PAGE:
In the late 1930s America made the racehorse Seabiscuit a national hero, an icon of fame and success, worthy not only of bets but of great emotion, of love and admiration and identification, while the horse itself simply ran to win because that's what thoroughbreds are bred to do. The reason, of course, is that America was desperate for something - anything - that could exemplify its fantasies of somehow striking it rich, of becoming a winner instead of a loser, even of simply surviving to live another day. The country was paralyzed by the power of the Great Depression, with 25 percent unemployment, millions of uprooted families wandering the country, the dream of capitalist prosperity for all a joke, and even death from malnutrition not uncommon. At the same time, though, the New Deal was beginning to take effect and starvation was not so near a fate; there was some light at the end of one's tunnel.
Laura Hillenbrand's remarkable book "Seabiscuit," from which this film was made, dealt frankly and movingly with the stories of the three men who, along with their horse, were transmuted by the time and by their own acts into American icons. The writer and director Gary Ross came to this film with a most quirky record: he wrote "Big" and "Dave" and then wrote and directed "Pleasantville." It's fascinating to me that the producers would have chosen a man with such a record for "Seabiscuit." But unexpectedly he has forsaken that quirkiness completely, and told the story of the men and their horse in a very conventional, straightforward manner here. In fact there's a ponderous weight to his direction and pacing that keeps the film from being the classic it might have been. The historian David McCullough narrates the early part of the film as a kind of history of the early 20th century, using many of the Farm Security Administration's powerful photos as illustrations. It sets the story of the horse and his men in context.
But quickly the film focuses on the men, and they themselves are so worthwhile, so touching in their lives and their relationship to each other and to their precious thoroughbred, that we are enraptured as we watch them. Ross has assembled three actors who in their styles and approach stand at the three corners of an equilateral triangle. Tobey Maguire is Red Pollard, skinny jockey and ex-smalltown boxer, abandoned by his Canadian parents as a teenager, fighting his way through the bull ring tracks and then to the bigger races and payoffs at Tijuana's Agua Caliente before getting back to California's Tanforan in the Bay Area. Insecure, carrying too much weight because of his height, but a natural rider, Maguire's Pollard is the hard-luck/good-luck/hard-luck centerpiece of the film. Chris Cooper, who seems able to transform himself into entirely different people with every film he makes - think "American Beauty"'s Colonel Frank Fitts and "Adaptation"'s John Laroche - is Seabiscuit's trainer Tom Smith, a man who can barely relate to other human beings but finds a way into the mind and heart of a race horse. And Jeff Bridges is the ebullient Charles Howard, a millionaire car dealer in San Francisco, who buys Seabiscuit almost on a lark, when Smith spots him.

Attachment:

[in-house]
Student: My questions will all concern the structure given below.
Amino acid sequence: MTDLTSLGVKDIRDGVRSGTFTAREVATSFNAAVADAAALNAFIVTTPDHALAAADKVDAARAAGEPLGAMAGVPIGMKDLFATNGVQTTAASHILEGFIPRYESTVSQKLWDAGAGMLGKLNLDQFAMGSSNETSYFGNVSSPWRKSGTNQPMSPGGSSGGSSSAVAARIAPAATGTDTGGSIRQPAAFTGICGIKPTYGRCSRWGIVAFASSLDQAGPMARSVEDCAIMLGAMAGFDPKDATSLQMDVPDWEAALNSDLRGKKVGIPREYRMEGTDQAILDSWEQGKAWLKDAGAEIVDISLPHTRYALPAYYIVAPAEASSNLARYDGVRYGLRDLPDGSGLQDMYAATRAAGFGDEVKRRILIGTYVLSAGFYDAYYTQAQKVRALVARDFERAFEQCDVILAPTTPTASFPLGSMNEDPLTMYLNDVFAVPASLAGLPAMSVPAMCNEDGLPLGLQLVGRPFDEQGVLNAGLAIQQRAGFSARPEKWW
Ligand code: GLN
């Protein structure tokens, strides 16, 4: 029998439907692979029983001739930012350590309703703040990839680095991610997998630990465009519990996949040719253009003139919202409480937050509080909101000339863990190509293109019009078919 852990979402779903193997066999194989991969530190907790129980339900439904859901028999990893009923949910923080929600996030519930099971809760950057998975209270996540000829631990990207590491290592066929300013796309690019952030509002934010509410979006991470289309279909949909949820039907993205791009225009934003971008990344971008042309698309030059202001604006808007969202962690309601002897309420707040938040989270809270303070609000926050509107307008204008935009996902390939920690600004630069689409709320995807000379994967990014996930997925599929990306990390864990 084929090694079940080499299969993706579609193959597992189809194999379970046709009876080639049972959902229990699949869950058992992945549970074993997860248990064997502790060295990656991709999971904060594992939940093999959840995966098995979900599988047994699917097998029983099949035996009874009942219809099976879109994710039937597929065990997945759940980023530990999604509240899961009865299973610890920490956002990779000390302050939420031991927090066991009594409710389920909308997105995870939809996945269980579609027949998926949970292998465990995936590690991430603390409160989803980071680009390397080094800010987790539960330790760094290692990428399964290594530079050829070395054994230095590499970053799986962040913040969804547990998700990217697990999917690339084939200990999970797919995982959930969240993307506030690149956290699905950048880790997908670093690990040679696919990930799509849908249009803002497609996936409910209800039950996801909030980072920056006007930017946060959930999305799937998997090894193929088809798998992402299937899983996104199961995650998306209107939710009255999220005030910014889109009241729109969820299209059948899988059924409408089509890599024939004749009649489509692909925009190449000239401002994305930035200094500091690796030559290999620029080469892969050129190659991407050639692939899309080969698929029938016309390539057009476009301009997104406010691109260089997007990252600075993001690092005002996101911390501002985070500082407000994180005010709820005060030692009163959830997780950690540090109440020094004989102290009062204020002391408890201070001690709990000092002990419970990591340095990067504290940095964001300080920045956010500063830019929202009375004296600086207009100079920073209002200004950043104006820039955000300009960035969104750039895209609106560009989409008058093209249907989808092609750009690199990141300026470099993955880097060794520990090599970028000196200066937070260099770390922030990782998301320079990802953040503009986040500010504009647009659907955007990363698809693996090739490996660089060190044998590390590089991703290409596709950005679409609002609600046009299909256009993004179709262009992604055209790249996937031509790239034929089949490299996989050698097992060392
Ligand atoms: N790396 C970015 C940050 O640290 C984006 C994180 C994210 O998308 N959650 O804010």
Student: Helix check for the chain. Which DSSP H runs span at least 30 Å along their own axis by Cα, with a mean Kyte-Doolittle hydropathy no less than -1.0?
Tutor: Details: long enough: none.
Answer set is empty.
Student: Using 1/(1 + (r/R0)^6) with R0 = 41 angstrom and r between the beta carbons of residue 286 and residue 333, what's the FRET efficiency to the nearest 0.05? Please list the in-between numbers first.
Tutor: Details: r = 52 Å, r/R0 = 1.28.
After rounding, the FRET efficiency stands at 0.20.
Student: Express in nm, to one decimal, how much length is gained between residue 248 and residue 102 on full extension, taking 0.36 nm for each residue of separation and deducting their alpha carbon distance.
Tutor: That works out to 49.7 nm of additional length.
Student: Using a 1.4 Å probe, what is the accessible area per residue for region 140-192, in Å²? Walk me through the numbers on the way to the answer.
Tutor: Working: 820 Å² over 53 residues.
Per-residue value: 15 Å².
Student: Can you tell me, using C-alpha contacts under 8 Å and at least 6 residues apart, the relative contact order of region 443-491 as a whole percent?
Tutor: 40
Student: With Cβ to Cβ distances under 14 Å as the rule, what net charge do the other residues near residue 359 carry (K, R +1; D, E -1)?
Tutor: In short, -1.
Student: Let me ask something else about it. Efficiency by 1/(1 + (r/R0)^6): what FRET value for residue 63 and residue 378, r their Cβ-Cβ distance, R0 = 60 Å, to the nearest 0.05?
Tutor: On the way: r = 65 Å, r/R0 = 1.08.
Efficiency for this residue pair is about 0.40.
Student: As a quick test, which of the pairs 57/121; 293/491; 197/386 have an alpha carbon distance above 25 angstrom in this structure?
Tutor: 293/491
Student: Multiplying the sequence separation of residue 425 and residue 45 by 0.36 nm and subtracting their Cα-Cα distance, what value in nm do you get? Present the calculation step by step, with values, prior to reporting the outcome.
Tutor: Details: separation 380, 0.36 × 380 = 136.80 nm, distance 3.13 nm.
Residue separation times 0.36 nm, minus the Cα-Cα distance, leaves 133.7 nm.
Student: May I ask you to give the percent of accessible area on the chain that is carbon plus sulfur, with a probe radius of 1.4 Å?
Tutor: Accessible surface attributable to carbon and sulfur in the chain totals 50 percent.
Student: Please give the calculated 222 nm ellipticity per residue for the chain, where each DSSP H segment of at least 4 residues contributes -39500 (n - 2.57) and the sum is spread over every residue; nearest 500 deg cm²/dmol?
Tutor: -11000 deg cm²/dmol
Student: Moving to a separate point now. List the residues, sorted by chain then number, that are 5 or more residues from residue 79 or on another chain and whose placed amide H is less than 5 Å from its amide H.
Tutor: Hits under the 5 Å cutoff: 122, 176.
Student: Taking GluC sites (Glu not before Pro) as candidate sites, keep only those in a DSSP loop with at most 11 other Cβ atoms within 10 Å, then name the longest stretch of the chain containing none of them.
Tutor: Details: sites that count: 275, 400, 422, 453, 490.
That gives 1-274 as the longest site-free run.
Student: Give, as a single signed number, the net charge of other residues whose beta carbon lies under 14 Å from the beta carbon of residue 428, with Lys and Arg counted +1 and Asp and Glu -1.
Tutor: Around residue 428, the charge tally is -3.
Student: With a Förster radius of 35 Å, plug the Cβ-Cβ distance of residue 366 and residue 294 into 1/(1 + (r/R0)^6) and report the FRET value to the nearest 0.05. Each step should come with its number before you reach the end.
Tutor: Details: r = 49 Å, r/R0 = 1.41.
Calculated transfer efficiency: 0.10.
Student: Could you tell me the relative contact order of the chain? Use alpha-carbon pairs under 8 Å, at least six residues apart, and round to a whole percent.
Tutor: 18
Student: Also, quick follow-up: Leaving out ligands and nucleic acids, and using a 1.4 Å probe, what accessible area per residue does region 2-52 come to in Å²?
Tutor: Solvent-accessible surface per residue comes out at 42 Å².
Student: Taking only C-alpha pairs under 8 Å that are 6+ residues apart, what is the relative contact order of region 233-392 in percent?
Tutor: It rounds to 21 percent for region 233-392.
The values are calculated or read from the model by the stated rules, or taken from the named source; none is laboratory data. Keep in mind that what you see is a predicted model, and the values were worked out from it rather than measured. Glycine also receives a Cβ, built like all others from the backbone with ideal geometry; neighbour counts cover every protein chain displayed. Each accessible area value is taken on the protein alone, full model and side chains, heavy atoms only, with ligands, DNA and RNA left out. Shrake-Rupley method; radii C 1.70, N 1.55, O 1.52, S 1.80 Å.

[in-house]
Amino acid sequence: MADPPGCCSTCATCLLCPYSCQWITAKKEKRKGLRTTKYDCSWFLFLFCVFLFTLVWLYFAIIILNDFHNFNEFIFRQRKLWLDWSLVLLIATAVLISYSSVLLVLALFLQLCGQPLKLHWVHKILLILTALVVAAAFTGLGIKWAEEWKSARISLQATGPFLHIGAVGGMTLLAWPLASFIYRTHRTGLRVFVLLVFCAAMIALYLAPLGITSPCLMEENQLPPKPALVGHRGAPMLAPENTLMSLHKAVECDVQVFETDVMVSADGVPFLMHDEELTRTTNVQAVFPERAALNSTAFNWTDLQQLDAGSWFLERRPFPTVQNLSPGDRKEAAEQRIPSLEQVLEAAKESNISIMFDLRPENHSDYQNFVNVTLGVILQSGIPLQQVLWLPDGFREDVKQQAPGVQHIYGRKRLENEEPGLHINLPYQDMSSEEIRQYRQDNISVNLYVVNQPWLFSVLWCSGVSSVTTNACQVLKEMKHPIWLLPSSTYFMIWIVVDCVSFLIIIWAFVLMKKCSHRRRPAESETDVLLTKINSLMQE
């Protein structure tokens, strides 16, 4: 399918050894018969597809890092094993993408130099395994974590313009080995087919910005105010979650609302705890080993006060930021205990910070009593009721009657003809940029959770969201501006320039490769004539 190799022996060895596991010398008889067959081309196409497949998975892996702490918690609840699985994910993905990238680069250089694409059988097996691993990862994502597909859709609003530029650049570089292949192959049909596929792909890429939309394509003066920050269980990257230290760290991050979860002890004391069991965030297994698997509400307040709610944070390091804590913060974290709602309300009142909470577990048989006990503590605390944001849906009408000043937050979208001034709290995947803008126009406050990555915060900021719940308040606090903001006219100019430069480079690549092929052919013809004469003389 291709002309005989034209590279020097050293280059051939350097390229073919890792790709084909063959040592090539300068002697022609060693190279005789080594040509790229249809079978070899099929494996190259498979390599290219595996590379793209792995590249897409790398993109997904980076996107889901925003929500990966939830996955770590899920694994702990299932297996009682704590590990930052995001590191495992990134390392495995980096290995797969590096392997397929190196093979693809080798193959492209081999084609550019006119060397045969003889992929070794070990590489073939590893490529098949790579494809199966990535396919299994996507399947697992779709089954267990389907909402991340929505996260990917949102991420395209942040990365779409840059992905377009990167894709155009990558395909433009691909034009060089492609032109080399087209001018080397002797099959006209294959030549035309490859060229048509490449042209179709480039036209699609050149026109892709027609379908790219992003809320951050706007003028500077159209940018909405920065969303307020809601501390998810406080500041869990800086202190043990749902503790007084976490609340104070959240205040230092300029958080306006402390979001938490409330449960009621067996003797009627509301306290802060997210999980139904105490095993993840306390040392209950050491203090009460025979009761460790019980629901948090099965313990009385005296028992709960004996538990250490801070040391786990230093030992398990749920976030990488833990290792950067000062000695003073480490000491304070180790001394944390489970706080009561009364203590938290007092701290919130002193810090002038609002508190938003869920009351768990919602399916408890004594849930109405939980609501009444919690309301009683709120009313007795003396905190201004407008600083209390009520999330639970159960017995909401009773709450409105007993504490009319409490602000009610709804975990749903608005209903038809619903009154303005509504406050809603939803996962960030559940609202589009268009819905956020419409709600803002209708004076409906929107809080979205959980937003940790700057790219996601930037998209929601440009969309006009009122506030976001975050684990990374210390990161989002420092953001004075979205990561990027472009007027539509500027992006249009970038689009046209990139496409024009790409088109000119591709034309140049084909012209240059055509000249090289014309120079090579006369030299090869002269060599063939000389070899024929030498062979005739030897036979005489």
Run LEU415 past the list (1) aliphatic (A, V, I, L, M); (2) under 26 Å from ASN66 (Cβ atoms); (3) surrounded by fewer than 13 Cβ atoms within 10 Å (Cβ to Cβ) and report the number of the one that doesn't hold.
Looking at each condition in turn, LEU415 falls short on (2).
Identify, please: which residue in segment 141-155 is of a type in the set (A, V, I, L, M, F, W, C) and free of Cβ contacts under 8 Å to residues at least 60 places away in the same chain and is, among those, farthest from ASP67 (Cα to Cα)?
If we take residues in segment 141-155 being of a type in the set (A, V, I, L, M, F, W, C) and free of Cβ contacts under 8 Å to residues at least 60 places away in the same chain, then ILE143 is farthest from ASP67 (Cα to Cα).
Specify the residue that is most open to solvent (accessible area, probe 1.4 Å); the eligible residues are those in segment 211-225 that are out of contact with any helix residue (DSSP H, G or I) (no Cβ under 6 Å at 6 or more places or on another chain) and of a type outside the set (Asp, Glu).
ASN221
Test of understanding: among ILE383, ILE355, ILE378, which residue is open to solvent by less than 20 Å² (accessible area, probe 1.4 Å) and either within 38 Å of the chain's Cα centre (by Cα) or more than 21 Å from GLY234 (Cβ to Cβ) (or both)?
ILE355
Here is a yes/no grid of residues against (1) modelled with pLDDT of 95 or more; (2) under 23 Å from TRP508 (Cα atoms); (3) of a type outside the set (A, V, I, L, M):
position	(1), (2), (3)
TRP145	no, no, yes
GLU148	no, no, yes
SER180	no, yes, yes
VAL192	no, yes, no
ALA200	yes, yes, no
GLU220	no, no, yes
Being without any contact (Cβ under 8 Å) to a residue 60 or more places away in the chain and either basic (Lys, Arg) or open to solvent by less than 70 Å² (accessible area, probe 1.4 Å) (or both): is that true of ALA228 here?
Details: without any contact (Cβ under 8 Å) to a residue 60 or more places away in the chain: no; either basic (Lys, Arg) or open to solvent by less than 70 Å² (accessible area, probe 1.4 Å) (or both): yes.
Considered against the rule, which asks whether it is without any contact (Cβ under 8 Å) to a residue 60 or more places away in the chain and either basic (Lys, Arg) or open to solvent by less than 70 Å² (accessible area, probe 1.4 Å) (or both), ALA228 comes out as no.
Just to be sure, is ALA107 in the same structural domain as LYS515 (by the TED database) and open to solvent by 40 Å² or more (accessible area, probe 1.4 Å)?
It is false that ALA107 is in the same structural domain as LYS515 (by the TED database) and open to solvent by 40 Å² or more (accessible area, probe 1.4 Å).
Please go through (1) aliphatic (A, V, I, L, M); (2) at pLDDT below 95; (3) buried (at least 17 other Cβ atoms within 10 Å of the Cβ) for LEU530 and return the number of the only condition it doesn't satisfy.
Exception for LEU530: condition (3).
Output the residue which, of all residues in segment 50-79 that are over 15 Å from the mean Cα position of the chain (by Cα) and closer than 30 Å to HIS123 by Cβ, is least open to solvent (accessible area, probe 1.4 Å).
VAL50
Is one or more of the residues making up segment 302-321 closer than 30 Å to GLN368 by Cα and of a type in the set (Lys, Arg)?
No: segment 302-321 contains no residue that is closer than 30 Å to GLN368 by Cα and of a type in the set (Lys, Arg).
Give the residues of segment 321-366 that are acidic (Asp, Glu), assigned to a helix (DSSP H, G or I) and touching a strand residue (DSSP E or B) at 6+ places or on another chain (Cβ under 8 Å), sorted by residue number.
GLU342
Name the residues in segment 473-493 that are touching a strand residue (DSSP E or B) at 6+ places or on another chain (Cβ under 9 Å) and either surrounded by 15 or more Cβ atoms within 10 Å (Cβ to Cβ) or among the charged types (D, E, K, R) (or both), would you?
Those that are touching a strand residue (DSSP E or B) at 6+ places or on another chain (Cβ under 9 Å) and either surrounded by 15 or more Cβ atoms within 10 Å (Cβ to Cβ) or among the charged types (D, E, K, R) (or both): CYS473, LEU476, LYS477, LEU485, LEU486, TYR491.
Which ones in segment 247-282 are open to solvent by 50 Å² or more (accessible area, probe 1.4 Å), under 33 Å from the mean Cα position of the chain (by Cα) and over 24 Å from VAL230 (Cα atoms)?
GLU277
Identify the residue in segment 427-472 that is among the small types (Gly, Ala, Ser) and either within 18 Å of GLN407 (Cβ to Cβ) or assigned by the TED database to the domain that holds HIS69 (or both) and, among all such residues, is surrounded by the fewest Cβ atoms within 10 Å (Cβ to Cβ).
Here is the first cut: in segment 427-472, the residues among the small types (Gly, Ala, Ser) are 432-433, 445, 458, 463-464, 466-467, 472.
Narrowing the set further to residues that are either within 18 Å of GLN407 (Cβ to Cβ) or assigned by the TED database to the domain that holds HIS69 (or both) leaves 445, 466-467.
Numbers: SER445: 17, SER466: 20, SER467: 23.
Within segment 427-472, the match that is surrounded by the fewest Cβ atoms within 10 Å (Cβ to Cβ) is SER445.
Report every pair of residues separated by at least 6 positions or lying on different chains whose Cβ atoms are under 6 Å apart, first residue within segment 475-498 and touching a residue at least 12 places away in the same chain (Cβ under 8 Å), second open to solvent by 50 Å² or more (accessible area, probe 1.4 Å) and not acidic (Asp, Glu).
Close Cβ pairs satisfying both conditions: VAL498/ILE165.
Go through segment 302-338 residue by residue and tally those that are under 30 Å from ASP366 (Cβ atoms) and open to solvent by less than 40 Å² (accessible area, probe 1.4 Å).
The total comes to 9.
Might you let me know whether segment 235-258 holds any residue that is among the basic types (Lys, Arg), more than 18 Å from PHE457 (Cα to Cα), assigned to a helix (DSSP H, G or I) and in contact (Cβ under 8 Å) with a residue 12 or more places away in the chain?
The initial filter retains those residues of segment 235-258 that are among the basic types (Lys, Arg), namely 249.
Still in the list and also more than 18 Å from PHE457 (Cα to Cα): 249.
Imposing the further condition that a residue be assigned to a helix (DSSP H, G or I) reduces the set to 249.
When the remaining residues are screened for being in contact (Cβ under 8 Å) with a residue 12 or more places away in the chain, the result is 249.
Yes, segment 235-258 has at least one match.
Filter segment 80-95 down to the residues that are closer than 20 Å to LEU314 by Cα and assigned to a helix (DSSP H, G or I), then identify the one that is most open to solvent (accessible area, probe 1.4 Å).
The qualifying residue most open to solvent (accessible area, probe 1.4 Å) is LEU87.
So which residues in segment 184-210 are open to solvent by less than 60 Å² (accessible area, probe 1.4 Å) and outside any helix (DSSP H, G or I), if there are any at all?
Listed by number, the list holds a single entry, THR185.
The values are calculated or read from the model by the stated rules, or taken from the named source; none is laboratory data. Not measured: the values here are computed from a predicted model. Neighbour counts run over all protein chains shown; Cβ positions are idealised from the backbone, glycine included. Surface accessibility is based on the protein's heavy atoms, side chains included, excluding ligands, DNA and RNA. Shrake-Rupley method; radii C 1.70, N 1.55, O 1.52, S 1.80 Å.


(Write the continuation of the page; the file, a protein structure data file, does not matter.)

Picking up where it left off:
And the horse itself is a piece of work: ridden hard as a two-year-old, mistreated by his previous trainers, small and ungainly, he seems the very worst bargain. But with Smith training him and Pollard riding him he starts winning stakes races up and down the California circuit. He became the people's horse, and maybe that should be capitalized: the People's Horse - because so many Americans saw something of their own stories in his. And ultimately Howard challenged the owner of the great East Coast Triple Crown winner War Admiral to a stakes race. That race, and the events before and after it, are the climax of the film.
There's a great deal to see, to admire, to love, and even to cry at in this film; the racing scenes are beautifully shot and edited for excitement and drama. But let me particularly urge you to watch Chris Cooper, who gives one of the great, understated but mesmerizing performances in all of film. He has made himself ugly and uninteresting to look at, and yet we cannot help but follow everything he says and every gesture he makes. Coming off of his sexy, sly, seductive Laroche in "Adaptation" this performance is beyond praise. But Maguire and Bridges are perfectly matched to balance him, and each of them is superb. The Hall of Fame jockey Gary Stevens plays Pollard's friend and rival George Woolf, and he handles himself well enough to find good work in Hollywood if he should retire from racing.
There is an odd character added in the film, perhaps for a kind of quirky comic relief. He is a racing commentator on radio, and his name is Tick-Tock McGlaughlin. He's played by William H. Macy as though he stepped right out of a Coen brothers film, and his scenes are just off-balance enough to skew things into another dimension whenever the film threatens to bog itself down in exposition. All in all a fine film, a bit short of greatness but with some magnificent qualities; just like Seabiscuit.